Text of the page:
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How “Real” is Reality Television?

September 29, 2015

I’m sure most of you realize that there is about as much reality in Reality TV as there is in Professional Wrestling. Now before you wrestling fans get your panties all in a twist, I’m not saying that those wrestlers aren’t really throwing each other around and slamming each other on the matt. What I’m saying is that those matches are predetermined and the backstory is all for entertainment purposes. Of course I feel like all professional sports go that route anymore, but I digress. So how “real” is Reality TV? Well, I hate to break the news to you, but those reality stars are all real… paid actors.

Paid actors? You mean they don’t just find random people off of the street to be a part of the show? No! They audition people. They need to find people that have the right personalities, and can create drama like only an actor can do, so that the show creates a compelling story with compelling characters. You can’t have an interesting show with someone to root for or someone to root against if you don’t have the right personalities in the right places. The producers are very selective in the actors they choose to play certain roles.

“But wait, Tony. Are you saying that these shows are scripted? They have a story already planned?” Yes! The technical term the producers like to use is “loosely scripted.” This means that they have a general story for the season. Each episode has a general storyline that helps build the seasonal arc. The actors are then given the storyline, but not actual dialogue. The actors are free to make that up as they go as long as it sticks to the story the writers have created.

So writers that write for Reality TV actually have to be very knowledgeable about how to create a compelling storyline. If you think about it, they have to create tension and story arcs based on the actors personalities that are hired for the cast. It’s not like creating something from an idea you have in your head. You have to take this personality before you and create a story from that. You’ve got to create the conflict. Who’s going to be the antagonist? Who’s going to be the protagonist? Where is the conflict going to come from? In my opinion, you’ve gotta be a pretty craft writer.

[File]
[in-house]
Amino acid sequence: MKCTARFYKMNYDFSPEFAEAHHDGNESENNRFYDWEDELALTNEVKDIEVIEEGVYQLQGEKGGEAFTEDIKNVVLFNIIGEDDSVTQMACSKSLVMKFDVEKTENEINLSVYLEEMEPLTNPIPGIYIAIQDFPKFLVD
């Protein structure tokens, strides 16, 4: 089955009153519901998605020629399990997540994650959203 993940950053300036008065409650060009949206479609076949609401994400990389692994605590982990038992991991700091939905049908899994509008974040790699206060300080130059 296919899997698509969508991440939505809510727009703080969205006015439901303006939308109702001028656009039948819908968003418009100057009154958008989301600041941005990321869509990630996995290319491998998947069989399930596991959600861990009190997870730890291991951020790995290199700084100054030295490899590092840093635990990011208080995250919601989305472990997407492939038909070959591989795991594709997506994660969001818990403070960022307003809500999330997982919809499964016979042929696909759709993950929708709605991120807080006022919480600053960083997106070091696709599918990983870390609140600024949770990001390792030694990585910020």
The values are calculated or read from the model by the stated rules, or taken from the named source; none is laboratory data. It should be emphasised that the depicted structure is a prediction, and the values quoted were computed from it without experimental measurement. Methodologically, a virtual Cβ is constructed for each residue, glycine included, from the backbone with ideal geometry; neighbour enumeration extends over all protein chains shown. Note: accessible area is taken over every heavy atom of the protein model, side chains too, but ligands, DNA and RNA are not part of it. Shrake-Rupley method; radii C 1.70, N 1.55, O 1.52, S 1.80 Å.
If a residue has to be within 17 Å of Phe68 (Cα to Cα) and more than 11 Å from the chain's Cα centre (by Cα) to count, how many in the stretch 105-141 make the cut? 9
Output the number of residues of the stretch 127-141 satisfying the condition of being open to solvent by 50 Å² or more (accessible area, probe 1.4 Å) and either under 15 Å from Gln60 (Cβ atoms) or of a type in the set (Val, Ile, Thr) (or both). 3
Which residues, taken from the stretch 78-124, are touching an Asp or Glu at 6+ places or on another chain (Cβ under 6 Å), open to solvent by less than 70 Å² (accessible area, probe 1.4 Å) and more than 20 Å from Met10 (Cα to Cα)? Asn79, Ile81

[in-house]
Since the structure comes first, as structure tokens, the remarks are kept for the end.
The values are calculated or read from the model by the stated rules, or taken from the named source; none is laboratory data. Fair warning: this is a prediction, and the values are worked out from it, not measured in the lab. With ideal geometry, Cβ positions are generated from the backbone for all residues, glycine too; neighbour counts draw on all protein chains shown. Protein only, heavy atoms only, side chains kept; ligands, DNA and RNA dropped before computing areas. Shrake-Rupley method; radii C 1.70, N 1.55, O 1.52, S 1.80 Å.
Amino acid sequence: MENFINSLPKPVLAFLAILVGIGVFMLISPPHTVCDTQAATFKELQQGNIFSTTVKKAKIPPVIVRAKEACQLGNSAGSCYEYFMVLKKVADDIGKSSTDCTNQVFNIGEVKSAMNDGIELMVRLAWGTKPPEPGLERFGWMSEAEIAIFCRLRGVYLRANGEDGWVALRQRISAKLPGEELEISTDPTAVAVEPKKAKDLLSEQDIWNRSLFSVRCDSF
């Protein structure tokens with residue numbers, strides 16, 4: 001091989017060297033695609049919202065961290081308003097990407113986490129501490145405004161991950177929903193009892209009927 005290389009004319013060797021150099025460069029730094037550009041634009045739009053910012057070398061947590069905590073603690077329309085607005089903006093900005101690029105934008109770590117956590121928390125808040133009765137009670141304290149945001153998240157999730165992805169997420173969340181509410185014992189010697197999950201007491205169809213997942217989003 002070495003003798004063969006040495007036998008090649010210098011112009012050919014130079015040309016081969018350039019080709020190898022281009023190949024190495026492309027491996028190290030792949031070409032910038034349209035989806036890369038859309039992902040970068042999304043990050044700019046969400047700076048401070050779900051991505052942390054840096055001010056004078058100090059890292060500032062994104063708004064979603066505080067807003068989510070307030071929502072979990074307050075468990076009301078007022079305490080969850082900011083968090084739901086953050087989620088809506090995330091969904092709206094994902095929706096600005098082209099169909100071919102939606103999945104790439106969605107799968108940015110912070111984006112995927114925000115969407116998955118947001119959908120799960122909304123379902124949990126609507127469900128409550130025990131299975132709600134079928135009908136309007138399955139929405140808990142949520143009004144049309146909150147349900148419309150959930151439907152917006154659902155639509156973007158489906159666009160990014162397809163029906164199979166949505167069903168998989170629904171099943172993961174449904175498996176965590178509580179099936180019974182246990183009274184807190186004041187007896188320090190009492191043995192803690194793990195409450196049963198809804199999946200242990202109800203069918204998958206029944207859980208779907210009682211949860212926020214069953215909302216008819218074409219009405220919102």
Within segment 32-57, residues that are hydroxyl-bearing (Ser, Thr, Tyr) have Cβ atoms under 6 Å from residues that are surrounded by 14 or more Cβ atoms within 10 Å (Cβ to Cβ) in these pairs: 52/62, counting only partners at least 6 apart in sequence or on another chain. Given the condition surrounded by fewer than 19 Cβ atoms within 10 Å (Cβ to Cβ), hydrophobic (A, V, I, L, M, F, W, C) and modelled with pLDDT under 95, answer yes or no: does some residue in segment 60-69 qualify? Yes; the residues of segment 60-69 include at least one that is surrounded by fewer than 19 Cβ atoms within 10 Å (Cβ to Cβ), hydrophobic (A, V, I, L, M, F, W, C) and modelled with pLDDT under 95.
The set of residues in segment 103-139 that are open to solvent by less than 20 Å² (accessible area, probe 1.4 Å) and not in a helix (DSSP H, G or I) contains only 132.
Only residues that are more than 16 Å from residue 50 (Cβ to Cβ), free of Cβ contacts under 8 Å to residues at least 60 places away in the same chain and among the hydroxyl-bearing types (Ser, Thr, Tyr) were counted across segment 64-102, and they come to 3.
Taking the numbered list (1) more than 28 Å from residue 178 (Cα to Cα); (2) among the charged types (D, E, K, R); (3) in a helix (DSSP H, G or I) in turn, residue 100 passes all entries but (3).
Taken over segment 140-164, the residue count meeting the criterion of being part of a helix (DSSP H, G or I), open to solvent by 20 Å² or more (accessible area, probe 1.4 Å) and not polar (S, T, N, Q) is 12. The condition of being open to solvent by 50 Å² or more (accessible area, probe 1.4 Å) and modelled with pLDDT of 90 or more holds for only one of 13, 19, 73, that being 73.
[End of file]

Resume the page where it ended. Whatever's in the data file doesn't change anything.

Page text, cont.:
But let’s be clear. I, in no way, find Reality TV entertaining. I think that the acting is way over the top, which let’s face it, if the actors were any good they’d be on a scripted television show. But I do think that the writers have to be very talented. There aren’t many of them that actually get work. If you enjoy Reality TV and you enjoy writing screenplays, you may enjoy writing for them. I hear the pay very well. Break a leg and until next week, happy writing.

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5 Comments
  1. I know someone who worked as a producer on a reality show, and you are so right. Many of the situations and even dialogue are “suggested” by the producers.

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  2. This is a generalization against real actors and a lot of realitly shows. I don’t know of any that use this technique, however, they try and predict how people react to certain plot twists built into the show.

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  3. I don’t think the audience cares. We want entertainment. We don’t care if life is photoshopped a little. We want excitement.

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  4. Mike permalink

    Within reason…. I’ve worked reality shows and agree, yes, many follow this method. But, when the fools on Jersey Shore are getting black out drunk and hitting eachother and getting arrested. Now that’s reality! As deplorable as it may be.

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  5. I’d make a terrible reality star.

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